Eschmeyer has questions on the fishes cited range by Jégu according to the databanks.


I will not be adding paper authored by Dr. M. K. Boeseman, A Preliminary List of Surinam Fishes Not Included in Eigenmann's Enumeration of 1912 (view). Tthe Catalog of Fishes, California Academy of Sciences does not list this publication in the references. OPEFE uses William Eschmeyer as the guideline and authority for references. S. nalseni (described from Venezuela) is also a species that also patterns the appearance of S. eigenmanni and S. serrulatus. Hobbyists should keep in mind,  Serrasalmus serrulatus needs a full revision because nominal names were applied to several forms in different countries.


The systemic of piranhas is constantly changing as more current research is being done. It further remains unknown when further systemic work will be accomplished other than DNA and parasitological. M. Jégu is present authority on Brazilian species and his work is not always complete or published. My correspondence with him has not produced any fruitful information on what the future holds regarding these species. It is indeed a messy species group.


Below information is based on available information research and my own opinion. Remarks by me is not to be construed as factual but based on research. S. serrulatus is an obscure species that could fit almost any Pristobrycon-like species.




Masticated seeds and fish parts.


Copyright. Do not use outside of OPEFE without permission.In the original discussion, Valenciennes (1849) does not mention a terminal band on the caudal fin, Castelnau (1855) affirmed there is a terminal border on the caudal fin and shows it on the plate image. However Géry (1964), based on the holotype specimen, does not present any color that indicates a terminal band. Due to the age and condition of the specimen,  Géry cannot conclude anything. See Jégu remarks under Historical Names.



The bottled specimen above is placed as Pristobrycon serrulatus according to the label. The specimens shown above are in the W. L. Fink laboratory at UMMZ. The specimen shows a faint dark "V" and does seem to present a colored pattern at the caudal edge though very faint. The only recent review was in 1988, Le Genre Serrasalmus dans le bas Tocantins (Brésil) et description de S. geryi. See references below.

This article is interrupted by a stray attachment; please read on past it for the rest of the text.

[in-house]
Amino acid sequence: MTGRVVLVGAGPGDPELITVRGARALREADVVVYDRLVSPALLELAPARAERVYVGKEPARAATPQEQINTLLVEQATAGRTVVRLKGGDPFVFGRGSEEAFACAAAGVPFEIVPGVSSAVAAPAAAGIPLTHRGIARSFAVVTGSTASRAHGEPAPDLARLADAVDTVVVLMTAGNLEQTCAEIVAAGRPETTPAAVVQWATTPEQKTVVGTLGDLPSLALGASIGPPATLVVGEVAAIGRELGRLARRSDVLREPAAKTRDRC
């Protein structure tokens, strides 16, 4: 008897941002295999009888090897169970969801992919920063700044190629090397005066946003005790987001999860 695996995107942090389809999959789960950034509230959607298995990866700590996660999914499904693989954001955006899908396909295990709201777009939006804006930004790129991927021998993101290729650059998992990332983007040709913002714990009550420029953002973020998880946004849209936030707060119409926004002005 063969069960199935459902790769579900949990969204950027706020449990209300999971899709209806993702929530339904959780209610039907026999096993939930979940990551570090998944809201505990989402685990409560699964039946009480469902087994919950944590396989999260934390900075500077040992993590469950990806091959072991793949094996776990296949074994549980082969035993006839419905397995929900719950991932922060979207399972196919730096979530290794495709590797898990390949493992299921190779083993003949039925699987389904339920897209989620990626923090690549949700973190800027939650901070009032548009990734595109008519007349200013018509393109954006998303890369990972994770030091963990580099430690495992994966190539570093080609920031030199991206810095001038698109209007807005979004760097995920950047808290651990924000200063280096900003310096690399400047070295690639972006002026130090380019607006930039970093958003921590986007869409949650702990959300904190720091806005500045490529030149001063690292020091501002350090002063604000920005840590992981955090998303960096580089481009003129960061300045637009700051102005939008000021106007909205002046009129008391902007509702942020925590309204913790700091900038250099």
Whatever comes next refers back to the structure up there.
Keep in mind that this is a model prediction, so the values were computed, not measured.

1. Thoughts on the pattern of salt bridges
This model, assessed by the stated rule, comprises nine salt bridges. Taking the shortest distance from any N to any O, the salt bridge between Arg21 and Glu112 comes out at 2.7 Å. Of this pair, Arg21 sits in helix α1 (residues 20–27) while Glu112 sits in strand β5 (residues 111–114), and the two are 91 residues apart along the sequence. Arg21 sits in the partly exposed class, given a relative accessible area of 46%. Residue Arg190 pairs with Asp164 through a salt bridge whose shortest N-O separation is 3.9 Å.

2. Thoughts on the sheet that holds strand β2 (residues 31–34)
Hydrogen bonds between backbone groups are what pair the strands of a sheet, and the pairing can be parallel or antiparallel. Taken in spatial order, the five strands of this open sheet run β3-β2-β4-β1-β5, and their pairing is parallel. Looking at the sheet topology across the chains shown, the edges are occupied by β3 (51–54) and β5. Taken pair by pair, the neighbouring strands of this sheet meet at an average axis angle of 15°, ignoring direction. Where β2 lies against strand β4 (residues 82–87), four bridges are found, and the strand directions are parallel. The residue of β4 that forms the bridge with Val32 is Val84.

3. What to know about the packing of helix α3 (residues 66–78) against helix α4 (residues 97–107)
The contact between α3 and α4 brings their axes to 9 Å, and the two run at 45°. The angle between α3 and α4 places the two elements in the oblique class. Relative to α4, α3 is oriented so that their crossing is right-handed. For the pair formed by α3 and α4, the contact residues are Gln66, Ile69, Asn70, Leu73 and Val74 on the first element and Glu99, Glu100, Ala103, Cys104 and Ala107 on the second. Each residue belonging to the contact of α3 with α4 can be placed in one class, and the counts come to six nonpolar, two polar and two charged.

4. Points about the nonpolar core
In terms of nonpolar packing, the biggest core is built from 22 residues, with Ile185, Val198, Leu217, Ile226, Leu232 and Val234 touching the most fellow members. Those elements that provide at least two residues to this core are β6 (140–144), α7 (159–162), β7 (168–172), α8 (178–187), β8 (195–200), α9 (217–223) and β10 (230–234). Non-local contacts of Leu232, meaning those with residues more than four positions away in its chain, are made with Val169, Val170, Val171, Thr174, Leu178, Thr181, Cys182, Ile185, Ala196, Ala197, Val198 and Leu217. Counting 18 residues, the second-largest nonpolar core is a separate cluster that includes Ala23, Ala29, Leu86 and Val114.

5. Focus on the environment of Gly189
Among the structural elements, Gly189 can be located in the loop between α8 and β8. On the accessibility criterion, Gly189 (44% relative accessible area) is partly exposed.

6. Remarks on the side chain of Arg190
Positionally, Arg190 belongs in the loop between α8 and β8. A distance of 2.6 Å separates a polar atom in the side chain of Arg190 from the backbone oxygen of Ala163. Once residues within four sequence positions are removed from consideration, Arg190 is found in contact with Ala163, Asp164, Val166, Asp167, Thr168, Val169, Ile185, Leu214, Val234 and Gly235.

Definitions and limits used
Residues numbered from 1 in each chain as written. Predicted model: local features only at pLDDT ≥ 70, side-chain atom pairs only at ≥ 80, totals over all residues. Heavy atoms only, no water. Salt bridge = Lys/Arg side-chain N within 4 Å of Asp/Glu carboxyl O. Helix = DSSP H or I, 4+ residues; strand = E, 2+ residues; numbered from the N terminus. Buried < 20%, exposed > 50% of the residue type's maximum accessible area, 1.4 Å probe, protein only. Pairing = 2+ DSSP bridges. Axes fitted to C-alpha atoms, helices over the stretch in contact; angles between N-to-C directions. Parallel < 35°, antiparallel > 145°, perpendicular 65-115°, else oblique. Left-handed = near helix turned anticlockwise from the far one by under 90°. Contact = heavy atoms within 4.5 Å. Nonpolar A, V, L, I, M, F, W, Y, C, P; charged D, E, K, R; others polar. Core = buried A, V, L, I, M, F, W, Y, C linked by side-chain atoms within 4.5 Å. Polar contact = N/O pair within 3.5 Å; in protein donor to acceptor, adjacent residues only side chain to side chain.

Morphological and reproductive aspects of the piranha Serrasalmus serrulatus (Valenciennes, 1849) (Ostariophysi, Serrasalmidae) in the archipelago of Anavilhanas, lower Rio Negro, Brazil.

E. L. M. Leão

1985 - 220 pages

The pairs of morphometric characters traditionally used in taxonomy of Serrasalminae were considered in a study on biometrics of a sample of 253 specimens of Serrasalmus serrulatus Anavilhanas the archipelago, and its relation expressed by linear regression.


The existence of sexual dimorphism was tested by ANCOVA. The estimated values ​​for the mean lengths of sexual maturity of both sexes belong to the range in standard length qeu found that the base of the dorsal of males becomes greater than that of females. This allows us to assume that there was an adaptive significance to a larger base of the dorsal fin in males, when individuals reach adulthood.


We observed a small decrease of 1.5 lateral line scales and a small increase of 1.0 rows of scales that cover the anal, with the growth of individuals from 100 mm to 181 mm standard length. S. serrulatus has a maximum of six conical teeth in each ectopterigóide. The number of teeth ectopterigoideanos decreases as the fish grow in length. The total loss of teeth occurs between 110 mm and 166 mm standard length.